Final judgment: How the Corolla-Forte-Mazda3 battle was won
Economy battle: 2019 Toyota Corolla XSE Hatchback vs. 2019 Kia Forte EX vs. 2019 Mazda3 Premium AWD Sedan.
Catching up: Last week, we looked inside the three models, including fuel-economy numbers; this week, we go for a spin.
Up to speed: The Corolla’s 2.0-liter four-cylinder creates 168 horsepower, which makes it pretty fast by Corolla standards. Motor Trend says it goes from 0 to 60 in 7.5 seconds with the stick, 8.5 with the CVT.
The Kia Forte is no Stinger getting to 60 mph, but no one really expects that. The 2.0-liter four-cylinder engine provides 147 horsepower. The 0-to-60 time is 8.2 seconds, according to Motor Trend.
The Mazda3 has a 0-to-60 time of 7 seconds, according to Car and Driver, a little slower in the front-wheel-drive version. And while I can confirm it does go quickly from a standing start, it loses its oomph in the real world. It’s not a fun companion for winding country roads, never feeling as if it catches its breath quickly enough, and on corners it automatically downshifts to third, but really needs to be in second. The gears are too tall and widely spaced.
Shifty: I was blessed to get hold of a six-speed manual version of the Corolla Hatchback, and it made the test drive a bit sportier than otherwise.
Most of you are going to get the CVT, of course, but I’d encourage you not to. Sure, the six-speed’s gears are not exactly creating any tremendous forward momentum, but it’s easy enough to shift. The clutch is a bit of a pain, though, but I didn’t stall the Corolla once.
The Forte does have a whole new sumpin’-sumpin’ going on in the gearbox. Kia says its “first in-house designed and built Intelligent Variable Transmission (IVT) introduces new line of Smart Stream technologies designed to help increase fuel efficiency in a variety of situations.”
I noticed it after just a few drives. It felt like an automatic, but I could feel a sense of CVT under there as well. It actually seems as if it combines the best of both worlds, although it’s a little early in the game to make that pronouncement.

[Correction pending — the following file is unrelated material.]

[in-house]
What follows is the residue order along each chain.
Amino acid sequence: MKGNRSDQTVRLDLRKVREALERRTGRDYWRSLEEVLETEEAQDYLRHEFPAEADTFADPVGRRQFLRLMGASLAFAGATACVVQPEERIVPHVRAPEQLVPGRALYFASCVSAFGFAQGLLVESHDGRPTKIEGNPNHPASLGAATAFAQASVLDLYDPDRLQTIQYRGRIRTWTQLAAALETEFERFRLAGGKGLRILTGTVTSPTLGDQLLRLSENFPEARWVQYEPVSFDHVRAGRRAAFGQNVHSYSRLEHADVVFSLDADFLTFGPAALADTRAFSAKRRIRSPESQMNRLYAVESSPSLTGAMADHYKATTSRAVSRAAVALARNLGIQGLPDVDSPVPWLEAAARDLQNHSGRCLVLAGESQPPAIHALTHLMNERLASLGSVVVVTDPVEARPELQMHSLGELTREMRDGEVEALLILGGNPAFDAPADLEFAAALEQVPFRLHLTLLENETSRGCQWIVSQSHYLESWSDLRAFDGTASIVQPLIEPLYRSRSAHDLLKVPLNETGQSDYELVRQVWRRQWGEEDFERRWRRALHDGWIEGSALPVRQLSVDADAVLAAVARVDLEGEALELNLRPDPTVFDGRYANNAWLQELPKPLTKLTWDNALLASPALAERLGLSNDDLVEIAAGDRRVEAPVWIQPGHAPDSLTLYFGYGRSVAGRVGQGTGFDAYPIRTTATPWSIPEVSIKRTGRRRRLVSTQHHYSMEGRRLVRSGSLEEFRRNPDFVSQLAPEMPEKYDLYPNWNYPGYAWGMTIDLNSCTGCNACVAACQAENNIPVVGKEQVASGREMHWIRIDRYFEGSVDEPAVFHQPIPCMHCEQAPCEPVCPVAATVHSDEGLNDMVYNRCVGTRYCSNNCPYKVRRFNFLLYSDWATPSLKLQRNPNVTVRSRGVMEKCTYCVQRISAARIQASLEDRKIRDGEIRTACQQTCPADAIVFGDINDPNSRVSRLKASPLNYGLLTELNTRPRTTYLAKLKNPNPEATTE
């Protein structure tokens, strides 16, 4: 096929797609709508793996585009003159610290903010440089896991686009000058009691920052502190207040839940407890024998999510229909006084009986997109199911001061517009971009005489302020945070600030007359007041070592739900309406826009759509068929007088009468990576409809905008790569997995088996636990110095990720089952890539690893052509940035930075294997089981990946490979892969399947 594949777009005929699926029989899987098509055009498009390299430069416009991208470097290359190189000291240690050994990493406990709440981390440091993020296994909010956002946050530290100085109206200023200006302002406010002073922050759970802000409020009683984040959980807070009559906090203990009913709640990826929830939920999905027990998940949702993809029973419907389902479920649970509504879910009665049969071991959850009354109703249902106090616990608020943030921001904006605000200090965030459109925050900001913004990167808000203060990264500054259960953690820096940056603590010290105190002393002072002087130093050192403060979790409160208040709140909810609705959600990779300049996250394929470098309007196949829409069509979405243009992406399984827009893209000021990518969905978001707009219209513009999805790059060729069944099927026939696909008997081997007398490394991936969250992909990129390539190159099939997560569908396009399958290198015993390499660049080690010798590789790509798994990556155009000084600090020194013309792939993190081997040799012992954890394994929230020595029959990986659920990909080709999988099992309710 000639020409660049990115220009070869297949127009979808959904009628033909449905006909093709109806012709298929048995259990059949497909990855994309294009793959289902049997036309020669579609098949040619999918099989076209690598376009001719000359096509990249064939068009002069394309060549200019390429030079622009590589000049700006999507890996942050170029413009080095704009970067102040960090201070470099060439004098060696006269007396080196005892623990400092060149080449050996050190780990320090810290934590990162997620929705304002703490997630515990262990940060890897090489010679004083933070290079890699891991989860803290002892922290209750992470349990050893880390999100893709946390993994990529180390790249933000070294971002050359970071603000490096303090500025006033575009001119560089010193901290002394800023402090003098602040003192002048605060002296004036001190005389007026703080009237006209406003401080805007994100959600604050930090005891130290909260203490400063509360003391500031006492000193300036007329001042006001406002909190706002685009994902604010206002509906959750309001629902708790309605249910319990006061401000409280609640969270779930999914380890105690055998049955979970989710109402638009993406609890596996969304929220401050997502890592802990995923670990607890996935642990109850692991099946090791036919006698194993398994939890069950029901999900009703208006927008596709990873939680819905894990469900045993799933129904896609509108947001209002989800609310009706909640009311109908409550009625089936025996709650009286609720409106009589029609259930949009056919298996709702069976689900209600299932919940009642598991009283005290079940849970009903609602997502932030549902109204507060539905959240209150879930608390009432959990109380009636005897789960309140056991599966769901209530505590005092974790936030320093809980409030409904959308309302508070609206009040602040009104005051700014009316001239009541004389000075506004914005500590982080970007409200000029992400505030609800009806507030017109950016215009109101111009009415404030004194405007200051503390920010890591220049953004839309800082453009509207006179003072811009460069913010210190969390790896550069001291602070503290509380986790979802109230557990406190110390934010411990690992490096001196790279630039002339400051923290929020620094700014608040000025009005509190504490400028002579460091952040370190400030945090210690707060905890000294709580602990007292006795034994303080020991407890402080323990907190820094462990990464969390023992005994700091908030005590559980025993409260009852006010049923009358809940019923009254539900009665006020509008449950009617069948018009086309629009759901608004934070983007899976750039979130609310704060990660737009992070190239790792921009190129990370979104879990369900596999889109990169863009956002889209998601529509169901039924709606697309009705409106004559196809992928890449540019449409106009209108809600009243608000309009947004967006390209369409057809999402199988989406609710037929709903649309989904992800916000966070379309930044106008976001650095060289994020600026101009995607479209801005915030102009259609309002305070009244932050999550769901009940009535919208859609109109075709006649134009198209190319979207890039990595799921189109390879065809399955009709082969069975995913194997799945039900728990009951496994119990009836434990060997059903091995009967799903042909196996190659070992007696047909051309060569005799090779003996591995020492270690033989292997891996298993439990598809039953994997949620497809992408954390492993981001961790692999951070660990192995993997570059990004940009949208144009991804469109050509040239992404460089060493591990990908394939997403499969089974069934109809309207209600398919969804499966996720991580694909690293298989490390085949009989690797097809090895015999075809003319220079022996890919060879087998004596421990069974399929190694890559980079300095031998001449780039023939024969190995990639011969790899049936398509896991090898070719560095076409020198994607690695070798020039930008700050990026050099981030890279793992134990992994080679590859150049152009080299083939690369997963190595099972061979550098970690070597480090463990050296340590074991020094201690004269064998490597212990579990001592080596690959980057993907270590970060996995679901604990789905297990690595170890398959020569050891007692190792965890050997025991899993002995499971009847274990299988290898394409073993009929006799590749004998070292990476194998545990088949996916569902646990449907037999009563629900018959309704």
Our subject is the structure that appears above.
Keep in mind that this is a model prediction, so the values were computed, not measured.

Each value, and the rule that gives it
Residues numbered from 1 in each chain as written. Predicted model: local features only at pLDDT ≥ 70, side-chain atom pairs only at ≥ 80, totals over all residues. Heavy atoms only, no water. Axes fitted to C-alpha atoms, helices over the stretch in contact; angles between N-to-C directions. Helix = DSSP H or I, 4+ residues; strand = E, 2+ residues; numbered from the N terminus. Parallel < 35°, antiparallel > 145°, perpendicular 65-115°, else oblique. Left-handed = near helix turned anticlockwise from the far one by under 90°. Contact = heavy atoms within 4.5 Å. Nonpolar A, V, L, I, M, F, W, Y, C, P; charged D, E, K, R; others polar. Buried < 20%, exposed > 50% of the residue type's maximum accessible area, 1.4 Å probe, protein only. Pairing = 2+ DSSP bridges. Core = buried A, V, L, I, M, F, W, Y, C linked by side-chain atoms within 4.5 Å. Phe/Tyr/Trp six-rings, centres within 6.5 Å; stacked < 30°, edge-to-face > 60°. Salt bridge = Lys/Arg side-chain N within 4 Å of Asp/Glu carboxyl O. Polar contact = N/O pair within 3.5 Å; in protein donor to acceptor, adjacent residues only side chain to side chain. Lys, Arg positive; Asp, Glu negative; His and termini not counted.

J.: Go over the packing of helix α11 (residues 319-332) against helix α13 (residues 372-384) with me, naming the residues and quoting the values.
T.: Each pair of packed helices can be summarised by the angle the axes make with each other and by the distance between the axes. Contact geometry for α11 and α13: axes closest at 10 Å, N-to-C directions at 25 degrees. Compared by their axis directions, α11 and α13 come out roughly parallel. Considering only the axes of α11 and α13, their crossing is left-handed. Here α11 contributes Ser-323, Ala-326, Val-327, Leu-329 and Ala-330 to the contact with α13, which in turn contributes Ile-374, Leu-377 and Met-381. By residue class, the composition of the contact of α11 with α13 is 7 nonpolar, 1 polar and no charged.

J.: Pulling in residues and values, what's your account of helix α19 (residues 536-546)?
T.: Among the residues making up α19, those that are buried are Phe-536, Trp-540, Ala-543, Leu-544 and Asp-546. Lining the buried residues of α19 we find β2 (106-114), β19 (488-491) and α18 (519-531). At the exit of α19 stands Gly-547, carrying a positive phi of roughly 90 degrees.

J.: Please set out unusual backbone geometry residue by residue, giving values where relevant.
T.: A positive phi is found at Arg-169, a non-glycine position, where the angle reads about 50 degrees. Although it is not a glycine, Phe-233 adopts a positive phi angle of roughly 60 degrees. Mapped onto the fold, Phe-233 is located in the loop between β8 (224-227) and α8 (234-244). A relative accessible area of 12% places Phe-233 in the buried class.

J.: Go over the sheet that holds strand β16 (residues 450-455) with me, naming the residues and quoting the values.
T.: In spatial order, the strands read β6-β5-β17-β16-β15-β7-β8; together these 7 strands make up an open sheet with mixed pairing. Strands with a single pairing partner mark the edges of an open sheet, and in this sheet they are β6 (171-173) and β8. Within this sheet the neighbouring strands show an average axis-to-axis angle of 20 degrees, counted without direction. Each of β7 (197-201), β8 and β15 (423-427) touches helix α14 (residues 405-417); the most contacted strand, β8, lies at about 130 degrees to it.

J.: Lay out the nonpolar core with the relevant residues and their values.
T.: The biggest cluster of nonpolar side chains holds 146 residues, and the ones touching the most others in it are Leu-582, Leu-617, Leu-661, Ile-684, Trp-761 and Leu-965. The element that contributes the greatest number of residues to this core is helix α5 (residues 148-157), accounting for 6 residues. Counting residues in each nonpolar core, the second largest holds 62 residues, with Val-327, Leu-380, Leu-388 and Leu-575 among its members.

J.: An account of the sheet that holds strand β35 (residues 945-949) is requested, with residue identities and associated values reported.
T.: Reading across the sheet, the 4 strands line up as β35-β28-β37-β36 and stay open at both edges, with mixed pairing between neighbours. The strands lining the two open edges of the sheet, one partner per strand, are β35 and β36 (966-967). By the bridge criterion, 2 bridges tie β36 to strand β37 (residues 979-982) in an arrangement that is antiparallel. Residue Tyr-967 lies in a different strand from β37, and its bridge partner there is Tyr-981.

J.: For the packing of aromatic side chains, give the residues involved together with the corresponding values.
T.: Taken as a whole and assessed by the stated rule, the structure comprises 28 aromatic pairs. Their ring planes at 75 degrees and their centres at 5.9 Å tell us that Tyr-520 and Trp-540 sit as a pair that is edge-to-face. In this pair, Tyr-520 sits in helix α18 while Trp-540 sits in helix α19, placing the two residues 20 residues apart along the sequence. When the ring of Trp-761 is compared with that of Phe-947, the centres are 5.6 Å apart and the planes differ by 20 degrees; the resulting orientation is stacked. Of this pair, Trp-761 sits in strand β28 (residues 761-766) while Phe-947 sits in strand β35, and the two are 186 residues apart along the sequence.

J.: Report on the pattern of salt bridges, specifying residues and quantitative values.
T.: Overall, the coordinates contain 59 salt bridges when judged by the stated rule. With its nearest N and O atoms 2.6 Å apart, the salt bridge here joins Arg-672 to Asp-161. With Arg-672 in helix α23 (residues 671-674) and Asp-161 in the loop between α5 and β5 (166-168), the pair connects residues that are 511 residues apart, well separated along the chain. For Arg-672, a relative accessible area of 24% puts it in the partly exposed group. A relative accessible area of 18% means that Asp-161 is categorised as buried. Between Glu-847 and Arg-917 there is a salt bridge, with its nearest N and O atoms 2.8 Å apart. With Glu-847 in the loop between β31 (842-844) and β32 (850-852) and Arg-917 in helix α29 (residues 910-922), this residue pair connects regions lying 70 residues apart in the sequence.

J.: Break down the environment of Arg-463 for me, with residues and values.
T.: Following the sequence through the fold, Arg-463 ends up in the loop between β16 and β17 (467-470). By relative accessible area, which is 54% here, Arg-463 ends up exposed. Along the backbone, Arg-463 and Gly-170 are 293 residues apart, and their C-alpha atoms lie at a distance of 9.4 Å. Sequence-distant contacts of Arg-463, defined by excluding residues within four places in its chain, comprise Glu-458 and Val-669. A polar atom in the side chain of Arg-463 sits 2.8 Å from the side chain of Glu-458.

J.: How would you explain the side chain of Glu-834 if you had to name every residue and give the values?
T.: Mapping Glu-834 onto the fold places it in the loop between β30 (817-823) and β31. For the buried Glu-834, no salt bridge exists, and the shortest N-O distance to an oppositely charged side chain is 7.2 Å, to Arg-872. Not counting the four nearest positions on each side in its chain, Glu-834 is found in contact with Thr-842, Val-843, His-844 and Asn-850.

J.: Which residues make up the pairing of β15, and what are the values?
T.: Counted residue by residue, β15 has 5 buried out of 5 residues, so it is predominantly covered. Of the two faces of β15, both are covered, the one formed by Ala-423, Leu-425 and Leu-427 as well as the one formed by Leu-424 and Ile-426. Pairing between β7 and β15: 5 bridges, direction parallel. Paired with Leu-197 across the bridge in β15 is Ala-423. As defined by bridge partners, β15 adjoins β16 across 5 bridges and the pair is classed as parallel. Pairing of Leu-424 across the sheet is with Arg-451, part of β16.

Strange part, though — Kia press materials say there are seven gear settings, but I got up to the number eight while clicking through them. I guess that makes me the Spinal Tap of car reviewers — “these amps go up to 11.”
Sport mode shows off its best features as well. Normally I feel cars will linger in lower gears when I drive them in sport mode without shifting my own gears, but the Forte I tested just felt more powerful than before.
I believe the Mazda3’s Achilles’ heel could be the 6-speed shiftable automatic. Unless I pushed the car to its limits in each gear, it was a long wait for the transmission to kick in. I’d love to try a stick and see if that satisfies my need for more speed.
The shift mode can be operated through the lever or paddle shifters.
Not sure if this is engine or transmission, but a chug or surge reared its head often enough to be a concern.
On the road: The Corolla Hatchback as tested came with 40 series tires, which are seriously low profile for such a tiny car. Expect to lose a few to potholes and, for winter’s sake, buy a set of rims built to hold 55 or higher series, so you might actually get a grip in the snow. Carmakers are sending us some tires worthy of the racetrack nowadays, so you have to know what you’re doing.
It’s hard to say what handling might have otherwise been in this Corolla Hatchback. But the minimal joys found in a winding road were not worth the trade-offs these tiny tires will require.
Likewise, the Forte did not make curves feel lively. The car moved fast through them but without much feeling.
The Forte also suffers from Kia’s standard-issue Exceedingly Bouncy Ride package, first perfected in the Soul. It’s free, although Dramamine will cost extra. Lots of cars are bouncy, but Kia’s Soul and now its Forte just take this to a whole new level.
Either other cars are getting much better or the Mazda3 ain’t what it used to be, but its steering feel and fun quotient seem to have dropped off over the last few years. Car and Driver and I vehemently disagree on this assessment, but I’m just not feeling it anymore.
The little car can still haul around turns quickly, but the zoom zoom is gone gone. And the Mazda3 provides a serious thump over many Pennsylvania road features.
Where they’re built: The Corolla hails from Aichi, Japan; the Forte from Pesqueria, Mexico; and the Mazda3 from Hofu, Japan.
How they’re built: The Corolla and Mazda 3 both get a predicted reliability of 4 out of 5 from Consumer Reports; the Kia gets a 3.
In the end: It feels awkward as a car guy to admit this, but I’ve never been afraid to march to my own drummer.
I’m partial to the Corolla Hatchback. It’s comfortable; its stick is fun to operate; it’s kind of fun to drive; and it’s people-sized. It’s also the bargain of the three.
The Mazda just didn’t offer enough wow to make up for its tight spaces, frustrating radio, and disappointing economy. And I’ll venture that a Toyota “4” from Consumer Reports is going to last longer with fewer repairs than a Mazda “4.”
The Forte is not bad, and the fuel economy is attractive.